The major stock averages are rising as the prospect of gradual easing in lockdowns increases. There's also more aid coming after a $484B relief bill was signed on Friday and reports indicate that lawmakers may not be done with passing stimulus measures. Meanwhile, WTI crude hit a four-session low as it fell by nearly 25%. Plummeting demand, coupled with extreme global over-production, continues to weigh heavily on oil prices.
ECONOMIC EVENTS: There was no U.S. economic data of note reported.
In Asia, the Bank of Japan, as expected, announced that JGB purchases, which had been formerly capped at Y 80T per year, can now be unlimited while announcing an increase in corporate bond and commercial paper.
TOP NEWS: Boeing (BA) announced over this weekend that it has terminated its Master Transaction Agreement with Embraer (ERJ), under which the two companies had planned to create a joint venture comprising Embraer's commercial aviation business and a second joint venture to develop new markets for the C-390 Millennium medium airlift and air mobility aircraft. In response, Embraer said it "believes strongly that Boeing has wrongfully terminated the MTA, that it has manufactured false claims as a pretext to seek to avoid its commitments to close the transaction and pay Embraer the $4.2B purchase price." The smaller planemaker further accused Boeing of "a systematic pattern of delay and repeated violations of the MTA, because of its unwillingness to complete the transaction in light of its own financial condition and 737 MAX and other business and reputational problems."
In addition to the deal-break news, Boeing hosted its annual shareholder meeting, during which CEO Dave Calhoun said he expects it to take two to three years for air travel to recover. "When it does, the commercial market will be smaller," Calhoun added, according to CNBC's recap of the event.
Meanwhile, General Motors (GM) announced that it has suspended the quarterly cash dividend on its common stock, suspended its share repurchase program and taken "other significant austerity measures to preserve near-term available cash." Following the news, Morgan Stanley analyst Adam Jonas said he views today's announcement as part of a broader turn in fundamentals and newsflow that supports GM as his top pick in U.S. autos with a $37 price target and Overweight rating.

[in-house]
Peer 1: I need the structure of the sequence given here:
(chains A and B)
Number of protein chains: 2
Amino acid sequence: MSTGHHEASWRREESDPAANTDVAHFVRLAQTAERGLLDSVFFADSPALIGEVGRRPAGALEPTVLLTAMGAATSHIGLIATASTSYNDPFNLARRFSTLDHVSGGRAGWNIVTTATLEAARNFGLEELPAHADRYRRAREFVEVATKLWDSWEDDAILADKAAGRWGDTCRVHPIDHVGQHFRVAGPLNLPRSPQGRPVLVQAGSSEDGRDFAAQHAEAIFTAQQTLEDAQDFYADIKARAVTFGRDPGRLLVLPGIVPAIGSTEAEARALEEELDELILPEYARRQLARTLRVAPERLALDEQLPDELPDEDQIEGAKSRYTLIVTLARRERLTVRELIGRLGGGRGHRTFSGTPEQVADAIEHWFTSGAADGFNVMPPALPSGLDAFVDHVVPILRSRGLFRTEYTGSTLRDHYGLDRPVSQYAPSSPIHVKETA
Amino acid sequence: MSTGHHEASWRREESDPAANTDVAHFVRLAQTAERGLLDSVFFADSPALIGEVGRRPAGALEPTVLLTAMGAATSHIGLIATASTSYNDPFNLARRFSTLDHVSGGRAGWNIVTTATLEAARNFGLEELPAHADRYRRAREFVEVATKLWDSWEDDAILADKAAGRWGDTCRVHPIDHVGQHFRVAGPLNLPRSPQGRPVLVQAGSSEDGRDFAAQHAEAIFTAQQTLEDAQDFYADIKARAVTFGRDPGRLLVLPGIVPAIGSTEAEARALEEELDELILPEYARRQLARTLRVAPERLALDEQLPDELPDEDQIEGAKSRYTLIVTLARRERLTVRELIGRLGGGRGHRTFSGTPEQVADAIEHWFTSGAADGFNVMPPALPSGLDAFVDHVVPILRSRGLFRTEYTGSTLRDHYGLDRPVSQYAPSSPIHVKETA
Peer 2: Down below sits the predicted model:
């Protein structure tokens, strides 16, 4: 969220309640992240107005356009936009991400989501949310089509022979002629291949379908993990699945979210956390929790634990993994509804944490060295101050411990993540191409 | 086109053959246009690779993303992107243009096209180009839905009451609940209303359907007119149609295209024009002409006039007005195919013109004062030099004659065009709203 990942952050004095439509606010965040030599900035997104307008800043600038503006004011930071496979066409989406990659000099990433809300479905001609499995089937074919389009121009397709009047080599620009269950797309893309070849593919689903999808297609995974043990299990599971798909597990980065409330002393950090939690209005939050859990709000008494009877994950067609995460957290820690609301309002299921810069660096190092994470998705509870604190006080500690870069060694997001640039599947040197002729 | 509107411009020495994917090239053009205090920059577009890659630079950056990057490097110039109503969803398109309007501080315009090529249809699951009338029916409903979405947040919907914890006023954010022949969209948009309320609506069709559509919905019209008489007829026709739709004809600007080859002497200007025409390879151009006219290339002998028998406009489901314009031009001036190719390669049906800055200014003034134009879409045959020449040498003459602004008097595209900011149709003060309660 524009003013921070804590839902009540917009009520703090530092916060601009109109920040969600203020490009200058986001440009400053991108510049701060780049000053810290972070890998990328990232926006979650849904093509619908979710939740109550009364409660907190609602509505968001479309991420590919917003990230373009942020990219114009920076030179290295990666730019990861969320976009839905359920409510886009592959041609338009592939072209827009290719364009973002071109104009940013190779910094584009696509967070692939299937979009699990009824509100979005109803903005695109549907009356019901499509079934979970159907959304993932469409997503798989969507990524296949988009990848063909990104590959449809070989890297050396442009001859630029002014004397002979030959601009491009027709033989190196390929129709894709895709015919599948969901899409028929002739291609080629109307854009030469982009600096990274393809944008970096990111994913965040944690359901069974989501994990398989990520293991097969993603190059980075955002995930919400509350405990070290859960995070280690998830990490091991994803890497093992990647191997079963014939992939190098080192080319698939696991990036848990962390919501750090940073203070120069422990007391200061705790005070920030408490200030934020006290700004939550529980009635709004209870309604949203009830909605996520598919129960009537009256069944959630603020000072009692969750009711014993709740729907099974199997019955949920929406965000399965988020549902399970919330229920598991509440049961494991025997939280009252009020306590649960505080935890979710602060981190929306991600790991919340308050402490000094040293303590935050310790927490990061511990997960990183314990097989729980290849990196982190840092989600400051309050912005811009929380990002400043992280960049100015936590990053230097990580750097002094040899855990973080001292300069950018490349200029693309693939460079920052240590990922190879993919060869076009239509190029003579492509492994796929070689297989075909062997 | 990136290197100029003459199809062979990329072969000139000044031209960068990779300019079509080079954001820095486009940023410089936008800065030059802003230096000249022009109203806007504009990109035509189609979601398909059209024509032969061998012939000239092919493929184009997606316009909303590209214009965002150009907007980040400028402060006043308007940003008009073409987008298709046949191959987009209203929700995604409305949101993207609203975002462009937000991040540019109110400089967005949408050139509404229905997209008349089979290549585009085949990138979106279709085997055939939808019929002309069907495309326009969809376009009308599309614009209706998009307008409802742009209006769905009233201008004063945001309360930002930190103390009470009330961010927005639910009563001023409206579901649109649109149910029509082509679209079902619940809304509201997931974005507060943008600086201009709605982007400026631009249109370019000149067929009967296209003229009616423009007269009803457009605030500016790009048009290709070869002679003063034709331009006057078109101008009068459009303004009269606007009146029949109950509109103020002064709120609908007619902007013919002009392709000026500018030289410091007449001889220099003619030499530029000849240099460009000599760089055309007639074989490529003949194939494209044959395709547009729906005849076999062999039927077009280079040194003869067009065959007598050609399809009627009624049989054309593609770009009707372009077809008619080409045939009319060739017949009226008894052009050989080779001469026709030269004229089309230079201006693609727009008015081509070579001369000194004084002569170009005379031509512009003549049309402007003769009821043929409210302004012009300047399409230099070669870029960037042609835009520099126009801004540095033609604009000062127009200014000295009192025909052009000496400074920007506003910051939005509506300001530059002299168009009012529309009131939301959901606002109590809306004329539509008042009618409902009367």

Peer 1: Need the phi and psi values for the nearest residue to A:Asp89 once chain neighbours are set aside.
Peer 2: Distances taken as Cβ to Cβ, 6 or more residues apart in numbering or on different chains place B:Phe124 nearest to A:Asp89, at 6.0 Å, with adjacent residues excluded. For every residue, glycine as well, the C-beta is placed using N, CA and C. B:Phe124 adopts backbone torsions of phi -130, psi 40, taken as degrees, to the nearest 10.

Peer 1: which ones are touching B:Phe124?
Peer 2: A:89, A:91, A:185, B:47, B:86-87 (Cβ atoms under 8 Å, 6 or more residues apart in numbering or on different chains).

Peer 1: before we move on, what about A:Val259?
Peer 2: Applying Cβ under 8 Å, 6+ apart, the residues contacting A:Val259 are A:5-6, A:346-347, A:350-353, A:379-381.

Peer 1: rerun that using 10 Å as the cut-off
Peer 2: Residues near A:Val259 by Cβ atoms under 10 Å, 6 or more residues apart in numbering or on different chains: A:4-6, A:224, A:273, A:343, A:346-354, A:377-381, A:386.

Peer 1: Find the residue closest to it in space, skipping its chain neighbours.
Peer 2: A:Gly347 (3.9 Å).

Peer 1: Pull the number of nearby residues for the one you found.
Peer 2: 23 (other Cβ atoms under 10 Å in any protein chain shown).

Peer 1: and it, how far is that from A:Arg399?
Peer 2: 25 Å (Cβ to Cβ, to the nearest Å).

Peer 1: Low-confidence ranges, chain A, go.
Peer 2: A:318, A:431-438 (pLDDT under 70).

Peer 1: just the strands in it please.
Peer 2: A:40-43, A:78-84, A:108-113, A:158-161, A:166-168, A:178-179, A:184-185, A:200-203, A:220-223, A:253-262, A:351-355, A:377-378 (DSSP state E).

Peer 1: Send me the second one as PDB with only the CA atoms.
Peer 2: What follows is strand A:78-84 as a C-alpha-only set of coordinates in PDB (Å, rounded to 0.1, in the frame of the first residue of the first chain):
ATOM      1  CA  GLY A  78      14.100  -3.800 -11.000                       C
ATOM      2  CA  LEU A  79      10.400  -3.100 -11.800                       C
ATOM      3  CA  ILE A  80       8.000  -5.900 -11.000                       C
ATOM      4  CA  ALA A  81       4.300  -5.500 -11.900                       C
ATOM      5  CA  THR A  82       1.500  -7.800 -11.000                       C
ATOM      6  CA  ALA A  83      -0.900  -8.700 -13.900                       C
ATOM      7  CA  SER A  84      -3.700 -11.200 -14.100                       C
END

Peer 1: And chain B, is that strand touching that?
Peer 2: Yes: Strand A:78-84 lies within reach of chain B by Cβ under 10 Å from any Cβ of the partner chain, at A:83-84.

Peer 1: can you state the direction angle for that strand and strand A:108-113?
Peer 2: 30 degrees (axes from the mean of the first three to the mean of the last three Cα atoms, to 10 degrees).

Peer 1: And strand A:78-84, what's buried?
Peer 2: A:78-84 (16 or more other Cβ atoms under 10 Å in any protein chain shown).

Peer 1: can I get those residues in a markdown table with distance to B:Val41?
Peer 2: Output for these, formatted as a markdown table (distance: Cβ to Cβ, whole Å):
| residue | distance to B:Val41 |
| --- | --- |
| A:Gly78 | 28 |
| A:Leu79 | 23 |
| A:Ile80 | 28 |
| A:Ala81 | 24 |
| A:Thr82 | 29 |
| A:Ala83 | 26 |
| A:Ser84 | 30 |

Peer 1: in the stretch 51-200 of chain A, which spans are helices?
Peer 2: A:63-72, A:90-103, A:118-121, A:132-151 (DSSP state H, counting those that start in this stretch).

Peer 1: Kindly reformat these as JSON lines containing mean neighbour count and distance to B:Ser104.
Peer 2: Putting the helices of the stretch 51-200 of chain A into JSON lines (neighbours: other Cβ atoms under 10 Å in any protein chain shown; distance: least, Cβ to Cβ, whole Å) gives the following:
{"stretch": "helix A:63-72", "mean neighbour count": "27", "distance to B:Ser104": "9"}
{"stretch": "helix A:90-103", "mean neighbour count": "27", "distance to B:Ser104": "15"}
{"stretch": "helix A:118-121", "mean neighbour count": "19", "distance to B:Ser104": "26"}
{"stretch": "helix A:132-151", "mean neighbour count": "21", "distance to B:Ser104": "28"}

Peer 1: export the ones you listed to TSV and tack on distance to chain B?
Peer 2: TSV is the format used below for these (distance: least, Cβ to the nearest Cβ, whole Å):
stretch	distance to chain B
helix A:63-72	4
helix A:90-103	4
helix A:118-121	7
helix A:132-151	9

Diamond Offshore (DO) became the latest oil driller to announce that the company and select subsidiaries have filed voluntary petitions for reorganization under chapter 11 of the U.S. Bankruptcy Code. Loews Corporation (L), which is the approximately 53% owner of subsidiary Diamond Offshore Drilling, noted that it will no longer consolidate Diamond's results in its financial statements. "Loews is not responsible for, and does not provide guarantees of, the liabilities and obligations of its subsidiaries, including Diamond," the company noted in a regulatory filing.
The Wall Street Journal reports that Apple is pushing back the production ramp-up of its flagship iPhones coming later this year by about a month. According Yoko Kubota's sources, Apple is still moving forward with plans to release four new iPhones later this year, including some 5G models.
MAJOR MOVERS: Avadel Pharmaceuticals (AVDL), which rose 31% after it reported top-line data from its Phase 3 REST-ON trial of FT218.
Also higher was Bed Bath & Beyond (BBBY), which gained 24% as it has extended its temporary store closures until at least May 16.
Among the notable losers was Verastem (VSTM), which dropped 42% after it announced preliminary data from its VS-6766 Phase 1 clinical study.
Also higher was CNX Midstream Partners (CNXM), which fell 35% after reporting quarterly results.
INDEXES: Near midday, the Dow was up 266.40, or 1.12%, to 24,041.67, the Nasdaq was up 85.38, or 0.99%, to 8,719.90, and the S&P 500 was up 34.57, or 1.22%, to 2,871.31.